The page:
Review Early Rebuttal Drafts:
    -Look at j6’s rebuttal argument (as well as Professor Hodge’s reply) for a good example
    -Graphs can sometimes be more useful than simply stating statistics
    -To own a concept, we must name it!
    -Don’t give the opposing argument more weight when acknowledging their point of view
    -Do not identify the opposing viewpoint as “opponent” (most of your persuadable audience is in the middle, so calling them your opponent is not a way to identify them in appropriate or positive manner)

    Something from the Bar?:
    -Guide your reader to the right conclusion
    -Do not overwhelm the audience with stimulus, statistics, etc
    -As the metaphorical sever, do not ask a rhetorical question
    -If you could not find the best evidence, don’t admit it (instead, offer your best that you COULD find)
    -Never contradict your customer’s preferences
    -The “kitchen” is your bank of evidence/knowledge, not the entire worlds’
    -Find what the reader/customer believes and refute their misinformation

    Ag-Gag Laws: Rebuttal Practice
    -Links within links for practicing rebuttals if I need a break from my current essay subject
    -Prepare for deeper look next class

    Rebuttal Argument Due Tuesday night 11:59 pm!!

  7. rose1029 says:

    COMP class 4/13/2020
    We discussed…
    – Review early Rebuttal Drafts
    – Something from the Bar? Riddle
    – How to Refute by Naming
    – Ag-Gag laws for Rebuttal Practice
    – What to avoid in writing thee Rebuttal Draft paper
    I learned that…
    – That student can go off because it sets a good example of what the Rebuttal argument draft should look like.
    – You want to still distance yourself from the other side of the argument even though you are addressing their side of the argument and seeing the reasonable outcome they come to.
    – Addressing the other side of an argument as a respectable source in order to gain their trust when trying to convince them of your side of the argument: directly naming them
    – Creating an uncomfortable situation even when that was never your intention by your choice of words
    – By calling the reader’s attention to the right choice then they feel better about supporting your side once they find it – offering guidance – “take a look at these options to choose from”
    – Don’t ask rhetorical or open-ended questions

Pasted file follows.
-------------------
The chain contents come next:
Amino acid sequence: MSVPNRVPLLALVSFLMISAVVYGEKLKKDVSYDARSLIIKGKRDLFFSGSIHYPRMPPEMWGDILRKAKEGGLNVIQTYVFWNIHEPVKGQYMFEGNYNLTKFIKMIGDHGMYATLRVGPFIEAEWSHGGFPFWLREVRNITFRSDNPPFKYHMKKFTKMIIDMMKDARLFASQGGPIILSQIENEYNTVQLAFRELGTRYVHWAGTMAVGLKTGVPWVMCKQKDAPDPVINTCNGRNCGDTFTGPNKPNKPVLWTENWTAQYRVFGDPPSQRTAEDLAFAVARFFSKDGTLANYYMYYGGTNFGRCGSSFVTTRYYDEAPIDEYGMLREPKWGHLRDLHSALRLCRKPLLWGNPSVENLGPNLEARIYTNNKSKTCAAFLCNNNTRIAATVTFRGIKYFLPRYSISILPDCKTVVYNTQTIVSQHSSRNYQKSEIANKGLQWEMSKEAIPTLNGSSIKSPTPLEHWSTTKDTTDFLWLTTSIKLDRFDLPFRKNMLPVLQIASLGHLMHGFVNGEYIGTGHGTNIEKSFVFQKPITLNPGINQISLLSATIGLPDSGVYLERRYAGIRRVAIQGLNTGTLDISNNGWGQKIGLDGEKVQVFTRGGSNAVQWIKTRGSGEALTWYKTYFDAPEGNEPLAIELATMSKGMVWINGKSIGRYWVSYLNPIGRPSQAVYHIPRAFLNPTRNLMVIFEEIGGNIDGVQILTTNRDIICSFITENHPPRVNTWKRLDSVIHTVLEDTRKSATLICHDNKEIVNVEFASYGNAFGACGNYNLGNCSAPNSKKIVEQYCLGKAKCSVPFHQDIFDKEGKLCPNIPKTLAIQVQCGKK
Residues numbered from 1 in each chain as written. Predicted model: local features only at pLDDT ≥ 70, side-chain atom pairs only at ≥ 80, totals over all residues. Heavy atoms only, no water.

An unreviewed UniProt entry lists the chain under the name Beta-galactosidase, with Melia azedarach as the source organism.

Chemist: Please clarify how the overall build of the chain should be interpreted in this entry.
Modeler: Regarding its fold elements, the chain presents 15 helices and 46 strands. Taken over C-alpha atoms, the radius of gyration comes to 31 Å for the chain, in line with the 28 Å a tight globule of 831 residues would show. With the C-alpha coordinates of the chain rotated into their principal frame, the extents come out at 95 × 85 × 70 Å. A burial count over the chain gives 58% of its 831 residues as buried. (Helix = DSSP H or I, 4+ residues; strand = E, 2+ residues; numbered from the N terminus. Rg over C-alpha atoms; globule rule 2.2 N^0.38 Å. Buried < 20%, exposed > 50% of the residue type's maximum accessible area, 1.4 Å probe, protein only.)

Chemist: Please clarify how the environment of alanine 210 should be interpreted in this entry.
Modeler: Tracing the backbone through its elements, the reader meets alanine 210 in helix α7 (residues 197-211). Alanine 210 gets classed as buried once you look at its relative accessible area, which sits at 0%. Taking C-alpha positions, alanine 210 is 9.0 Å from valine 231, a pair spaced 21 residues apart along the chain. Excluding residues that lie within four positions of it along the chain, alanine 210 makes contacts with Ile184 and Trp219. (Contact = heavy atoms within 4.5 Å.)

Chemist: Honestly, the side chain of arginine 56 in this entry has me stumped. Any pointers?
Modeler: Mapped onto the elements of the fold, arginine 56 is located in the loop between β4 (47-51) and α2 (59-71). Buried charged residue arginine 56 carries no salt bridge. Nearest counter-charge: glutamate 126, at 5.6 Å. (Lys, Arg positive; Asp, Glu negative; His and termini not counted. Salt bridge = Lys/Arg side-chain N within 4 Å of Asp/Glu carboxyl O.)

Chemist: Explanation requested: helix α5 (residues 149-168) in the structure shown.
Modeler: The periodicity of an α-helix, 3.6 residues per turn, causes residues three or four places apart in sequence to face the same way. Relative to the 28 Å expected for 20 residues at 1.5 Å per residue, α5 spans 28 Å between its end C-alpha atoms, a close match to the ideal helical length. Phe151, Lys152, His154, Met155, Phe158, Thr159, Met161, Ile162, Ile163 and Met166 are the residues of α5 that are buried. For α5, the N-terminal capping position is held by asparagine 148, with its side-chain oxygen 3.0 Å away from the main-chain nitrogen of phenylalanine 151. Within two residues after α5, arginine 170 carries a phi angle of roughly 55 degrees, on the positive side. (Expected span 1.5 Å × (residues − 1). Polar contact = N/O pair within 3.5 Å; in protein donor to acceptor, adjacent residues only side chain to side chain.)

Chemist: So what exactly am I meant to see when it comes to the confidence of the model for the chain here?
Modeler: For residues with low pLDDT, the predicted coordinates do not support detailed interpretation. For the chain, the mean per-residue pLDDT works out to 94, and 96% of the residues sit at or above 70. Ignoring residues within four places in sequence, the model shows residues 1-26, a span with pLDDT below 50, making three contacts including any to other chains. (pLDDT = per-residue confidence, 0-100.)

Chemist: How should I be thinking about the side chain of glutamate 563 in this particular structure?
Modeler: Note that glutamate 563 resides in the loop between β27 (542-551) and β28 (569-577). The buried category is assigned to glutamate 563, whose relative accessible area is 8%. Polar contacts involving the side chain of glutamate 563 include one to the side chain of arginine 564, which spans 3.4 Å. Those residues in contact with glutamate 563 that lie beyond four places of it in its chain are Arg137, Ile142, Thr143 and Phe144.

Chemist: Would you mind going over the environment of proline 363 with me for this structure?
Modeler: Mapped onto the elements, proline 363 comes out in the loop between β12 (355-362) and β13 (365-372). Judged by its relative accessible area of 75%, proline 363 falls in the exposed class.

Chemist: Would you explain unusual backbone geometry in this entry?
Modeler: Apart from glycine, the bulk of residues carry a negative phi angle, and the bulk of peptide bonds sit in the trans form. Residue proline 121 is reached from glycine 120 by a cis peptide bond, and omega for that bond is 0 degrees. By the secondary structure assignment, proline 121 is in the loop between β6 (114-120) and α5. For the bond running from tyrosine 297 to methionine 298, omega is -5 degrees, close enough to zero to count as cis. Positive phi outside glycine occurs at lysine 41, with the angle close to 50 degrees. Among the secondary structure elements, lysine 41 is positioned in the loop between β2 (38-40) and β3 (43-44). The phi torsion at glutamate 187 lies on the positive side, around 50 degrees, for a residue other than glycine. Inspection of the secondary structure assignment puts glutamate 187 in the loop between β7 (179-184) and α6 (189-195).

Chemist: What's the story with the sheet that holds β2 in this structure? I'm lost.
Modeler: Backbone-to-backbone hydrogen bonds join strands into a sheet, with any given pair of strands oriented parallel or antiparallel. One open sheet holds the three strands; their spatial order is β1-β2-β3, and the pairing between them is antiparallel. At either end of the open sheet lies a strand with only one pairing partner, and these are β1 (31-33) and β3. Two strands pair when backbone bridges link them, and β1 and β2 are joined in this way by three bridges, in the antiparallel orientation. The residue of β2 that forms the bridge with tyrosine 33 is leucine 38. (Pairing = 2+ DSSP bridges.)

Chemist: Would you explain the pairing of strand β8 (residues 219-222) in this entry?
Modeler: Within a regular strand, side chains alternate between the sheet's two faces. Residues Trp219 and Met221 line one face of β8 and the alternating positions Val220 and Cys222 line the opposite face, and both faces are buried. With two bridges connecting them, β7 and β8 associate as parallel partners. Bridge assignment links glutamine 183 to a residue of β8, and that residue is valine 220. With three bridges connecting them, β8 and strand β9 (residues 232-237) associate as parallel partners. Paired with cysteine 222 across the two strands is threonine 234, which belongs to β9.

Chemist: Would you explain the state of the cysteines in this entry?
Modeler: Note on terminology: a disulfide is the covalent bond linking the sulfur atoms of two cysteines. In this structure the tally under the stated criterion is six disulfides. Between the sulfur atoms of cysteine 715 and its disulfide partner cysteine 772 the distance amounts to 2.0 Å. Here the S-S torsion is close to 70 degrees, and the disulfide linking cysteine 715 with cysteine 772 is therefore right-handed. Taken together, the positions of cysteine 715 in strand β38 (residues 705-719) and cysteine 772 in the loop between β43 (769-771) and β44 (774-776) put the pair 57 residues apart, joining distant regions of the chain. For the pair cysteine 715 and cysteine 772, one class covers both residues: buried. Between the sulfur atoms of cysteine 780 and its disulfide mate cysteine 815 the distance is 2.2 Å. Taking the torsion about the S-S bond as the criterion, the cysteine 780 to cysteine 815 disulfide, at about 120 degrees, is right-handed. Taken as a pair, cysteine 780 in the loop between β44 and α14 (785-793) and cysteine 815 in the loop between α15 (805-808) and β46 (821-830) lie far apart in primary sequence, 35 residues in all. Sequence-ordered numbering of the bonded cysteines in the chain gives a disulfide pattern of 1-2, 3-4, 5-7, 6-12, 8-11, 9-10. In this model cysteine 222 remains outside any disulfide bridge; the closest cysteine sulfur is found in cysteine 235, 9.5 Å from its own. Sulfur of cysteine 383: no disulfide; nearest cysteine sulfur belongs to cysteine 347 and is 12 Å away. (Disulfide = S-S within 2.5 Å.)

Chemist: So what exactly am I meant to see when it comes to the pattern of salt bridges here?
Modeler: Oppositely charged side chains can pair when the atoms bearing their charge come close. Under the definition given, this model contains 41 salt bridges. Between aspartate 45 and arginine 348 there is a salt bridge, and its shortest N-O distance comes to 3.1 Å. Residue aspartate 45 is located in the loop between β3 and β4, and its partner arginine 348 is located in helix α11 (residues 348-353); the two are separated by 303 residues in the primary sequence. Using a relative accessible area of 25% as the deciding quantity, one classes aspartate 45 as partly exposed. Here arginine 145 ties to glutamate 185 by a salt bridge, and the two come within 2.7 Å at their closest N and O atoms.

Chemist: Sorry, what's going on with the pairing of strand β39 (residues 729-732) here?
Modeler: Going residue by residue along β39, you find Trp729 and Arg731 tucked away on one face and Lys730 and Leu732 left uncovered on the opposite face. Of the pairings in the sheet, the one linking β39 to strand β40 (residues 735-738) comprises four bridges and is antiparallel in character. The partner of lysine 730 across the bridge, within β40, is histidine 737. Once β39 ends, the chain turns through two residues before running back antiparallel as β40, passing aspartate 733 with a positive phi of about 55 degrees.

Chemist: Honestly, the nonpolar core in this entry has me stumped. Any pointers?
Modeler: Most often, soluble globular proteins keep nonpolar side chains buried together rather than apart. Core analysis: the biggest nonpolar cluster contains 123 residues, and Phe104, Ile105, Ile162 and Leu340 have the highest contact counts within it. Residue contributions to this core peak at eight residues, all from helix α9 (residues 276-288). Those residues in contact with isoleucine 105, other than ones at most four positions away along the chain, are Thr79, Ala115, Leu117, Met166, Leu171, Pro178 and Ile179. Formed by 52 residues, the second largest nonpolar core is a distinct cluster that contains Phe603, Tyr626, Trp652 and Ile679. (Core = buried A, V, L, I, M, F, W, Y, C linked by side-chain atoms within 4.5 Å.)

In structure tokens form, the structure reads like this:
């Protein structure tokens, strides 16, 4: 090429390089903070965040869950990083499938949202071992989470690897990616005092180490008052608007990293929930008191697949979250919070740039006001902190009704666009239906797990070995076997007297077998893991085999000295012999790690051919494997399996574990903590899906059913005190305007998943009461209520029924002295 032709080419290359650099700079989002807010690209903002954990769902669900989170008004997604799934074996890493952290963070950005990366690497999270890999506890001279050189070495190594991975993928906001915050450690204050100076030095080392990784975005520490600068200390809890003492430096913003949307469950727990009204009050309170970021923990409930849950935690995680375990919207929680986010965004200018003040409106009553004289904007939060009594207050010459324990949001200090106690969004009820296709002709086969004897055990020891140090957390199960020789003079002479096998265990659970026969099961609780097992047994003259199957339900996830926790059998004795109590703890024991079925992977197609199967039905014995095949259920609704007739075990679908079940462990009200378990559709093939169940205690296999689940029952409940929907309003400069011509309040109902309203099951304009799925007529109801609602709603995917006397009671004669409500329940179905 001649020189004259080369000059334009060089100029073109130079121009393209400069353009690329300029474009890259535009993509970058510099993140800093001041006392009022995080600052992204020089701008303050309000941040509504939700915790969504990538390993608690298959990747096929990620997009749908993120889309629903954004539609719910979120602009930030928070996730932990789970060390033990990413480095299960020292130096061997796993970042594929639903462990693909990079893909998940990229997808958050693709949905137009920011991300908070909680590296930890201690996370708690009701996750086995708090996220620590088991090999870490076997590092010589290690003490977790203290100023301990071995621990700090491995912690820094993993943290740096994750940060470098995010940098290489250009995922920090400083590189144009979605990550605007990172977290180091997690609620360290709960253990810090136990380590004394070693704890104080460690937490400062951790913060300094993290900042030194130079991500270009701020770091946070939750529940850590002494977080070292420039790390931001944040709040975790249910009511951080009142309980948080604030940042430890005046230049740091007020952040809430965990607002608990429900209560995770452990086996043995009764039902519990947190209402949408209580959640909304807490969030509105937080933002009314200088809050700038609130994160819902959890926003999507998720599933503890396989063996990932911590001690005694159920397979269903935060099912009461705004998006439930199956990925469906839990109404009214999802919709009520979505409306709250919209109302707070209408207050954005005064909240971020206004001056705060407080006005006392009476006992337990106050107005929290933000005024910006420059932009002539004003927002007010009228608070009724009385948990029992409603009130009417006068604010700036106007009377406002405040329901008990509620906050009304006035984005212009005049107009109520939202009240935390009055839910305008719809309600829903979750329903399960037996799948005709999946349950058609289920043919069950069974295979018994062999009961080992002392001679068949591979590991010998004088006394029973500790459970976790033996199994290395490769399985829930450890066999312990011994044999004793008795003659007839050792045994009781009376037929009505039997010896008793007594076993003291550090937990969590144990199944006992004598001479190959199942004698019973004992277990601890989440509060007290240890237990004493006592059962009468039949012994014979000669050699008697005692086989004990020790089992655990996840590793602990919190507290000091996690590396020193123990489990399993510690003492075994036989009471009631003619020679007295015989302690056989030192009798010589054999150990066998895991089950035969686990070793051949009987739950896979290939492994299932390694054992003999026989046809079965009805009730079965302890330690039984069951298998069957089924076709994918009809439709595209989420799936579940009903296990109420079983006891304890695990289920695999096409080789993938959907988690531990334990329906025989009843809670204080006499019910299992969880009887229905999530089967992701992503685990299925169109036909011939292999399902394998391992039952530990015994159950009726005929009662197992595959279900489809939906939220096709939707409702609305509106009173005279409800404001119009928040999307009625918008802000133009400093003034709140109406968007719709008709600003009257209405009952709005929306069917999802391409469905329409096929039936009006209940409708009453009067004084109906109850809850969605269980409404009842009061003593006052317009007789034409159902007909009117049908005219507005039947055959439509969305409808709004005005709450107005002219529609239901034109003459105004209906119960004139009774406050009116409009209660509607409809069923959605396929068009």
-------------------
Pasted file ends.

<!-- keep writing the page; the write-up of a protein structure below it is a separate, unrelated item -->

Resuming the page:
– Offer an appealing alternative
    – You don’t have the everything that exists on information on your topic, but you are giving the reader what you have been able to gather unapologetically

  8. tenere84 says:

    Notes 4/13

    Something from the Bar?
    – Hint: You’re the Waiter
    – This is a very lame question to ask. It may imply a drink but, since there are so many options, it leaves too much work for the customer to do when they SHOULD be relaxing and shown some hospitality.
    – Though you may have had good intentions with this question, it causes hesitation, confusion, reluctance, and panic in the customer.

    How to Serve/Write
    – Your job is to serve (present an argument supported by evidence), and by serving to guide (using your own language and rhetoric to guide the reader to the intended conclusion), and by guiding to sell (persuade your reader), and by selling to improve your employer’s bottom line (??)…
    – Use your power in order to serve properly: writers are the subject matter experts, have already examined the pertinent evidence, have come to the right conclusions, can guide you to the right conclusions if you trust them. In the end, everybody is happy when you come to the right conclusions.
    – NOTHING is accomplished if I tell you “We have a wonderful assortment of delicious appetizers; what do you want?” Show, don’t tell (no “talked-about” language!).

    What NOT to do:
    1. Don’t ask open-ended (yes-or-no) questions.
    2. Don’t promise that you’ll have important information to share . . . later.
    3. Don’t blame the kitchen.
    4. Don’t apologize for what you don’t have.
    5. Never contradict your customer’s preferences.

    Metorical Payoff
    – The KITCHEN is not the entire world of knowledge, but rather the information you’ve been able to gather so far.
    – The CHEF and SERVER are both you.
    – The CUSTOMER is your reader; their persuasion is your top priority.